William T. Nicholas, Dist. Atty., Ross Weiss, 1st Asst. Dist. Atty., Eric J. Cox, Asst. Dist. Atty., for appellant.
Calvin S. Drayer, Jr., Asst. Public Defender, Chief, Appeals Div., Geo. B. Ditter, for appellee.
Eagen, C. J., and O'Brien, Roberts, Pomeroy, Nix, Manderino and Packel, JJ. Pomeroy and Nix, JJ., concur in the result. Roberts, J., files a concurring opinion in which Manderino, J., joins. Packel, J., took no part in the decision of this case.
This appeal by the Commonwealth is from an order of the Superior Court which reversed the judgment of sentence and ordered that Joshua Coleman, appellee, be discharged pursuant to Rule 1100 of the Pennsylvania Rules of Criminal Procedure.
On September 24, 1974, Coleman was charged with burglary and theft. Prior to trial and the running of the 180-day period, the Commonwealth filed a petition for extension of time pursuant to Pa.R.Crim.P. 1100(c). After a hearing and argument on the matter, the court below granted the Commonwealth's petition. On April 22, 1975, a date within the extended time, appellee was tried by a judge and jury and was convicted of burglary. Post-verdict motions were denied, and appellee was sentenced to a prison term of six to twelve years.
Appellee then appealed to the Superior Court, alleging that the court below erred in granting the Commonwealth's petition for extension of time. Further, appellee argued that since the case was not tried within the 180-day period called for in the rule, he was entitled to a discharge. The Superior Court agreed with appellee, and on June 30, 1976, the court ordered that appellee be discharged. Commonwealth v. Coleman, 241 Pa. Super. 450, 361 A.2d 870 (1976). The Commonwealth filed a petition for allowance of appeal, which we granted.
The Commonwealth argues that the Superior Court erred in discharging appellee. The facts are as follows. A criminal complaint charging appellee with burglary and theft was issued on September 24, 1974. The case was listed for trial on January 27, 1975. While the Commonwealth was prepared to proceed, appellee requested a continuance, which the court granted for an unspecified period of time. The case was rescheduled in accordance with the normal Montgomery County procedure, which the trial court described as follows:
". . . Since calendar control is under the direct supervision and control of the Board of Judges of this County, we may take judicial notice of the manner in which our Court Administrator, under our direction, schedules criminal matters. The next criminal session scheduled after the session during which the continuance was granted commenced February 24, 1975, and was a 3 week session. The next succeeding criminal session commenced April 14, 1975, also a 3 week session. Taking into consideration the availability of judicial personnel, the Court sets the number of cases to be listed for each three week segment of criminal court. The Court administrator then schedules specific cases at least 30 days prior to the first date of the criminal session, so that attorneys have ample notice, and sufficient time is allowed for subpoenaing witnesses. As a practical matter, it is thus not possible to superimpose upon an already prepared list, those cases which are continued from a current list. Instead, as happened here, continued cases are scheduled for the second session thereafter. . . ."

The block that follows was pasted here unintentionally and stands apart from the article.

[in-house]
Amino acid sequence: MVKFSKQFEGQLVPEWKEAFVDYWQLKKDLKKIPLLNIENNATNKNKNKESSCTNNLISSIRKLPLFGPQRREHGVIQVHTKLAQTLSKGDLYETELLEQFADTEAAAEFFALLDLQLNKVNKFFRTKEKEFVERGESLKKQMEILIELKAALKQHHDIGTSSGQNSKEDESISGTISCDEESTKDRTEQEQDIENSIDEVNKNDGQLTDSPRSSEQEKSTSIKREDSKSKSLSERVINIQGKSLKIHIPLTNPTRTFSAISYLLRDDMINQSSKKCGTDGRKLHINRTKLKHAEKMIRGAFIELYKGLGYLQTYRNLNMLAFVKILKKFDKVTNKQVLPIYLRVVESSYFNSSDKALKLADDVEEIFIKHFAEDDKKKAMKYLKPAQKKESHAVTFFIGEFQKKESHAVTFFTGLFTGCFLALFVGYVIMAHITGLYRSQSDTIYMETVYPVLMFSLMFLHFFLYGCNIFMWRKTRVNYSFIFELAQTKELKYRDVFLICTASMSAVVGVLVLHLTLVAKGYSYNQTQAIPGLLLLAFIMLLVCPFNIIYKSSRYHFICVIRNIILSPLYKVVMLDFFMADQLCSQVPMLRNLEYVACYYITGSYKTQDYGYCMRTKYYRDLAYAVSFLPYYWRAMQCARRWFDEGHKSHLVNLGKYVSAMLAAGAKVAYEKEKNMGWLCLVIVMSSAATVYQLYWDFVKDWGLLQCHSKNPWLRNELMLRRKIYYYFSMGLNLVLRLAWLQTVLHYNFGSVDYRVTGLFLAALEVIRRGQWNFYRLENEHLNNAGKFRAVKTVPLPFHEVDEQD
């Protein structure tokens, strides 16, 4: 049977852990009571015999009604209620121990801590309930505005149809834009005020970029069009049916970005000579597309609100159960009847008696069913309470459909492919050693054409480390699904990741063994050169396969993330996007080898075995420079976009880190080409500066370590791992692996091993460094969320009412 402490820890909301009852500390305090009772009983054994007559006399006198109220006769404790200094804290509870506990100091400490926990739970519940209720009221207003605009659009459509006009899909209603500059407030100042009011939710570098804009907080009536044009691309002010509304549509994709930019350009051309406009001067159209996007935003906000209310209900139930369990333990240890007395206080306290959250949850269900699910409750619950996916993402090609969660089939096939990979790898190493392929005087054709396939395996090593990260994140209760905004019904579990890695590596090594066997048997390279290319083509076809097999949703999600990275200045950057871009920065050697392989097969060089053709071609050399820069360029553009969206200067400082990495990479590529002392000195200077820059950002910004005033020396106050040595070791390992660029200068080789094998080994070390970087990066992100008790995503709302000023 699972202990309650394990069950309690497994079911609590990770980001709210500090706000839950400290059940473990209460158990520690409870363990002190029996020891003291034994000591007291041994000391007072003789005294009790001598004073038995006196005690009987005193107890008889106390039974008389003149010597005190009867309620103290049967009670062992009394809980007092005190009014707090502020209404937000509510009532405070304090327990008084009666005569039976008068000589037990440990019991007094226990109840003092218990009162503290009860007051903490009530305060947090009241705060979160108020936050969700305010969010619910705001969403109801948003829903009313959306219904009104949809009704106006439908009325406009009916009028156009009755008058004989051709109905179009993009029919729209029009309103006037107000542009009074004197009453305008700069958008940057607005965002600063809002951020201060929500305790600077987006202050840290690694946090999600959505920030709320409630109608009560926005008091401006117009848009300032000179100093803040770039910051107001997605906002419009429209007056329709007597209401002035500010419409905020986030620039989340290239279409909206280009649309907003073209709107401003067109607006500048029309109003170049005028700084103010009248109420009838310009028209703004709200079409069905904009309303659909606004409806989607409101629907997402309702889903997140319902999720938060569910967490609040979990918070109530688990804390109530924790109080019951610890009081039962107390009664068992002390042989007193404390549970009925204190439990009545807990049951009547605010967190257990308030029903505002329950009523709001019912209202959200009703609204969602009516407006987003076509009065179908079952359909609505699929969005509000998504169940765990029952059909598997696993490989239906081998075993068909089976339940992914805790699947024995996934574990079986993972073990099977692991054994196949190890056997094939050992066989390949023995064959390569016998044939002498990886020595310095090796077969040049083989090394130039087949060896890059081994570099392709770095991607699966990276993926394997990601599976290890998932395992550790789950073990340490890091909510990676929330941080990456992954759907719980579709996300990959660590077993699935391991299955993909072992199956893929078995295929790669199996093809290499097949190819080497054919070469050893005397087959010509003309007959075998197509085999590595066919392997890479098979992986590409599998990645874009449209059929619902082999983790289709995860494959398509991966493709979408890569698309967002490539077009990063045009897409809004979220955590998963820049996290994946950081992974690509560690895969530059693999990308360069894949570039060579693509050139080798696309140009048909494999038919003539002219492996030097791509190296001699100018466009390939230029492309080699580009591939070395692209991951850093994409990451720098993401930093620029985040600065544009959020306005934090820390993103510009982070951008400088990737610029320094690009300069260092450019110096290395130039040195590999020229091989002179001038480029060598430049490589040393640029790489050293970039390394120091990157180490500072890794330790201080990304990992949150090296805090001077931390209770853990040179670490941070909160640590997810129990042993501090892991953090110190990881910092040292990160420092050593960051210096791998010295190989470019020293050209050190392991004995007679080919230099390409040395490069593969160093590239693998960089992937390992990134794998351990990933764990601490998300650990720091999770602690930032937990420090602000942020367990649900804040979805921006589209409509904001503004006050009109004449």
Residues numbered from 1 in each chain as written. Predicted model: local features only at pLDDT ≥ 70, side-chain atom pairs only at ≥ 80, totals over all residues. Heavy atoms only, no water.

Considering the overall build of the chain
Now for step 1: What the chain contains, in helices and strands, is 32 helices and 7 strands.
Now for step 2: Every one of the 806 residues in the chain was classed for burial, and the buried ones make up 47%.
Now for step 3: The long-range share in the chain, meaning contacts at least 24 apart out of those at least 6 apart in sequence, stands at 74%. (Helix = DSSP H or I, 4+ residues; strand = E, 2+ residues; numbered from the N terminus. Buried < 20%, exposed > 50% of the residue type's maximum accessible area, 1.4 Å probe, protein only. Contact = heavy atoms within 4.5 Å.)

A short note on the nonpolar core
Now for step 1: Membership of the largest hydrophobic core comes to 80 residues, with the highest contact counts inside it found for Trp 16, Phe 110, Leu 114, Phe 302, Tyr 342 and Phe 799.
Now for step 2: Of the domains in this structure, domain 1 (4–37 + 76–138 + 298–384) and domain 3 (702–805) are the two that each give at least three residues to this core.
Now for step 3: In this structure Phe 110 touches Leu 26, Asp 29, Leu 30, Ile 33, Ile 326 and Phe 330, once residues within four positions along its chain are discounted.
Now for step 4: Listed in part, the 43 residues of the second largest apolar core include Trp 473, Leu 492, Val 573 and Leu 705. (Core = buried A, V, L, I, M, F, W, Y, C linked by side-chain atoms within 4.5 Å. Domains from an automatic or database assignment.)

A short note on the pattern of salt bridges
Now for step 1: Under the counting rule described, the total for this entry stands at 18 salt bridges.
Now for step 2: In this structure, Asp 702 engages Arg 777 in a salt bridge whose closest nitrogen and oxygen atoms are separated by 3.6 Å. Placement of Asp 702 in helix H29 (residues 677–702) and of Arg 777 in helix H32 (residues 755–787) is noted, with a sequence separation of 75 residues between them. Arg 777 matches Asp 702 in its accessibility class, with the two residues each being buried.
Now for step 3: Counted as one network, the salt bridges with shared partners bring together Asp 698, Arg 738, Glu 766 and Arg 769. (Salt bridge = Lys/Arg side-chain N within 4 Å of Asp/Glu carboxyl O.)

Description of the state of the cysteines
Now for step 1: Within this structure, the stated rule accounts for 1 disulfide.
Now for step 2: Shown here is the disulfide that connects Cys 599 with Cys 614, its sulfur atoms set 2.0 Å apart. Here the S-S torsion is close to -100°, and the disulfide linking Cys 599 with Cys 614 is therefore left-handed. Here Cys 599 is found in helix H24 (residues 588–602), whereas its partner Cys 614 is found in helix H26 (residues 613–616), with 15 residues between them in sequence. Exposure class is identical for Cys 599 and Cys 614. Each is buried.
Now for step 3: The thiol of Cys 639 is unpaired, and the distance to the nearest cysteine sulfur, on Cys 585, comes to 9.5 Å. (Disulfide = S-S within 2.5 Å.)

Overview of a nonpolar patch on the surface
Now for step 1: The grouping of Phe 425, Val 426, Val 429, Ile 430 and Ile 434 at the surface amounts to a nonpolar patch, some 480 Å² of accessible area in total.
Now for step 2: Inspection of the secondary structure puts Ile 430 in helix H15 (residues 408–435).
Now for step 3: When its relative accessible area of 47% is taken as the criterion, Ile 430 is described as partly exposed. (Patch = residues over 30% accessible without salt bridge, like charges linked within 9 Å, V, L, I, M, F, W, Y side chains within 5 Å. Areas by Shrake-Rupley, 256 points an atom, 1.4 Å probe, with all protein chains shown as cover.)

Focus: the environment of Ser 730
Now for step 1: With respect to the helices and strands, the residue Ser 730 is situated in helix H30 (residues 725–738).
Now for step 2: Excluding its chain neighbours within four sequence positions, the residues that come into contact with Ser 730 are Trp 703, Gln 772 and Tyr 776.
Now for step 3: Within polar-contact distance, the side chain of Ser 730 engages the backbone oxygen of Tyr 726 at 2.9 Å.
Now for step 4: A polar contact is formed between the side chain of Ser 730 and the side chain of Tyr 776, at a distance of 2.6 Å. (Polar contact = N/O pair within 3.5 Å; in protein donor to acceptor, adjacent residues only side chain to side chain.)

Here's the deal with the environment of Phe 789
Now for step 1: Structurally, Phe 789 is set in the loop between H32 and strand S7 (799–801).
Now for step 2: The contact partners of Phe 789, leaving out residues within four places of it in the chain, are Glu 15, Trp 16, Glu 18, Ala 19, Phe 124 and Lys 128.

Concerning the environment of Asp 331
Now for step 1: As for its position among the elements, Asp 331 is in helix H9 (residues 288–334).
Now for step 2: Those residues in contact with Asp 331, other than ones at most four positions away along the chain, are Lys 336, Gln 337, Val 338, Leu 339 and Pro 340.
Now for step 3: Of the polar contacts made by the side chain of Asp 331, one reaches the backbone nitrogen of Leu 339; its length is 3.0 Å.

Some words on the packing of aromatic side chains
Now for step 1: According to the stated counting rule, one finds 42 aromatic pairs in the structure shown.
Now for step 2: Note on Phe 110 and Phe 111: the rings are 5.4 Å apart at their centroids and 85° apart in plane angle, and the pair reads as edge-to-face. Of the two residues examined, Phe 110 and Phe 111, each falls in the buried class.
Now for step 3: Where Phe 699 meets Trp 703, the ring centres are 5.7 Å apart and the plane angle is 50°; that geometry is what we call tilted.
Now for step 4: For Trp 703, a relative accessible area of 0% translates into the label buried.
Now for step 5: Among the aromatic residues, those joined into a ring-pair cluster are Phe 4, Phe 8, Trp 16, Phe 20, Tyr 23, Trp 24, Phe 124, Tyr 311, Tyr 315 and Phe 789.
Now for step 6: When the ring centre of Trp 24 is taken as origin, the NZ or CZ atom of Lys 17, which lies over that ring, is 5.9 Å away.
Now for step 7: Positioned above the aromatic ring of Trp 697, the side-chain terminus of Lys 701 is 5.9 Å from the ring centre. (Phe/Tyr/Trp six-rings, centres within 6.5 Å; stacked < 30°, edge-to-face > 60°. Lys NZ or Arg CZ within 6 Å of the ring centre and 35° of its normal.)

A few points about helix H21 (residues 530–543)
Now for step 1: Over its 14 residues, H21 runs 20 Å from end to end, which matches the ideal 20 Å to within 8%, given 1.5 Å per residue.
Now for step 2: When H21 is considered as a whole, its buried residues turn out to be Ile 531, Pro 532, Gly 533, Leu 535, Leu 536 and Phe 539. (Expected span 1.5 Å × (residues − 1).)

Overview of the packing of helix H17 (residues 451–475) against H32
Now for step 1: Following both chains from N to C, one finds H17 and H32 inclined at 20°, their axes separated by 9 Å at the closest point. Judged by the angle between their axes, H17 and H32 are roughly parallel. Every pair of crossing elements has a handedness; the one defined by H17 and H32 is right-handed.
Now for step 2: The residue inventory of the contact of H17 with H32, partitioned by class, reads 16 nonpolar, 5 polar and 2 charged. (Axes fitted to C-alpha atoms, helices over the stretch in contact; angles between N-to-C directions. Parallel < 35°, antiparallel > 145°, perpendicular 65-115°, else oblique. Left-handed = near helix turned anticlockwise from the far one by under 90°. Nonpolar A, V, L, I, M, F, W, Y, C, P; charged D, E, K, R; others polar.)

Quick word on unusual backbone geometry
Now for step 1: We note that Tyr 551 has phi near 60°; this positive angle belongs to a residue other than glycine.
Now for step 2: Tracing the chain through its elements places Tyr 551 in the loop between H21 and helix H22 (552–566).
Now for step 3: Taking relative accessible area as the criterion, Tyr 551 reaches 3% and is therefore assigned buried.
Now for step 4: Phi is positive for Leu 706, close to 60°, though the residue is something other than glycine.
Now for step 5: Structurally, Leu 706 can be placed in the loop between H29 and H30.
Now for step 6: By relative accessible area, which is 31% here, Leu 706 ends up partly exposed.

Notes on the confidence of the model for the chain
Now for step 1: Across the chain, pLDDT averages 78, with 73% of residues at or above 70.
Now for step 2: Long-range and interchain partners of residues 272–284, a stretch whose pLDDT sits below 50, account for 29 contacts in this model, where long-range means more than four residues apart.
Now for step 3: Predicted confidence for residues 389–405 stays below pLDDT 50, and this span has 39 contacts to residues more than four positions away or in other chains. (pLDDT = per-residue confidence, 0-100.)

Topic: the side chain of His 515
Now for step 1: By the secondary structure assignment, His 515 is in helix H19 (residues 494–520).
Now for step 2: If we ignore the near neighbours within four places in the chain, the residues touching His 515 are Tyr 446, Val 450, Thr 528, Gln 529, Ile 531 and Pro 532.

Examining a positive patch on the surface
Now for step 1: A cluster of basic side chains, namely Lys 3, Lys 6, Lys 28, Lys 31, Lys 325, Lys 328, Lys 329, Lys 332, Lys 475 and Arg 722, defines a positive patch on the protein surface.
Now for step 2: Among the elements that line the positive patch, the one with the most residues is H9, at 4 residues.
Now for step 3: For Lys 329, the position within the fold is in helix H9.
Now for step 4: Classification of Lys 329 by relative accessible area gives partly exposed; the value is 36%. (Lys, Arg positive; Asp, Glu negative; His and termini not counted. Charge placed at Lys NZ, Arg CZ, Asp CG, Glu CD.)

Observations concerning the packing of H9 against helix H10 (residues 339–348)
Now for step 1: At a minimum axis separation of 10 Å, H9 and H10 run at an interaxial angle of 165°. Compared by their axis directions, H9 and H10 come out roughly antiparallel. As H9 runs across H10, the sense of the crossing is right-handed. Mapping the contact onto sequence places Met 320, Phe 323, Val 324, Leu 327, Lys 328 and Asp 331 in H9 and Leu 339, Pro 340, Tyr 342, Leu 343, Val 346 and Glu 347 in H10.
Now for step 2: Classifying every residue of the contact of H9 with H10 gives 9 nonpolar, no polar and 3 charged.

As the original 180-day period was up on March 24, 1975, and appellee's trial was listed for April 22, 1975, the Commonwealth, on March 12, petitioned for and received an extension of time until April 28, 1975.
After conviction, Coleman filed post-verdict motions alleging, inter alia, that the court erred in granting the Commonwealth's petition for extension of time. The trial court did not specifically answer this question; rather, the court held that the entire delay between January 27, 1975 and April 22, 1975, was caused by appellee's requested continuance. After subtracting thirty days, as required by Pa.R.Crim.P. 1100(d)(2), the court found 55 days of delay attributable to appellee and thus held that appellee was tried within the required time.
The Superior Court reversed. After rejecting the trial court's finding that 55 days of the delay were attributable to appellee, the Superior Court stated:
". . . It was the duty of the Court Administrator of Montgomery County, under the supervision of the Board of Judges, to schedule appellant's trial within the period prescribed by Rule 1100. If the trial could not be scheduled within the period because of the manner in which Montgomery County provides sessions for criminal trials, it was incumbent upon Montgomery County to change its procedure. To hold otherwise would emasculate the Rule. Therefore, the period between the date the continuance was granted and the date the trial commenced cannot be charged against appellant." Commonwealth v. Coleman, supra, 241 Pa. Super. at 454, 361 A.2d at 872.
The Commonwealth first argues that the trial court was correct in attributing 55 days of the delay to appellee. Pa.R.Crim.P. 1100(d) provides:
"In determining the period for commencement of trial, there shall be excluded therefrom such period of delay at any stage of the proceedings as results from:
(2) any continuance in excess of thirty (30) days granted at the request of the defendant or his attorney, provided that only the period beyond the ...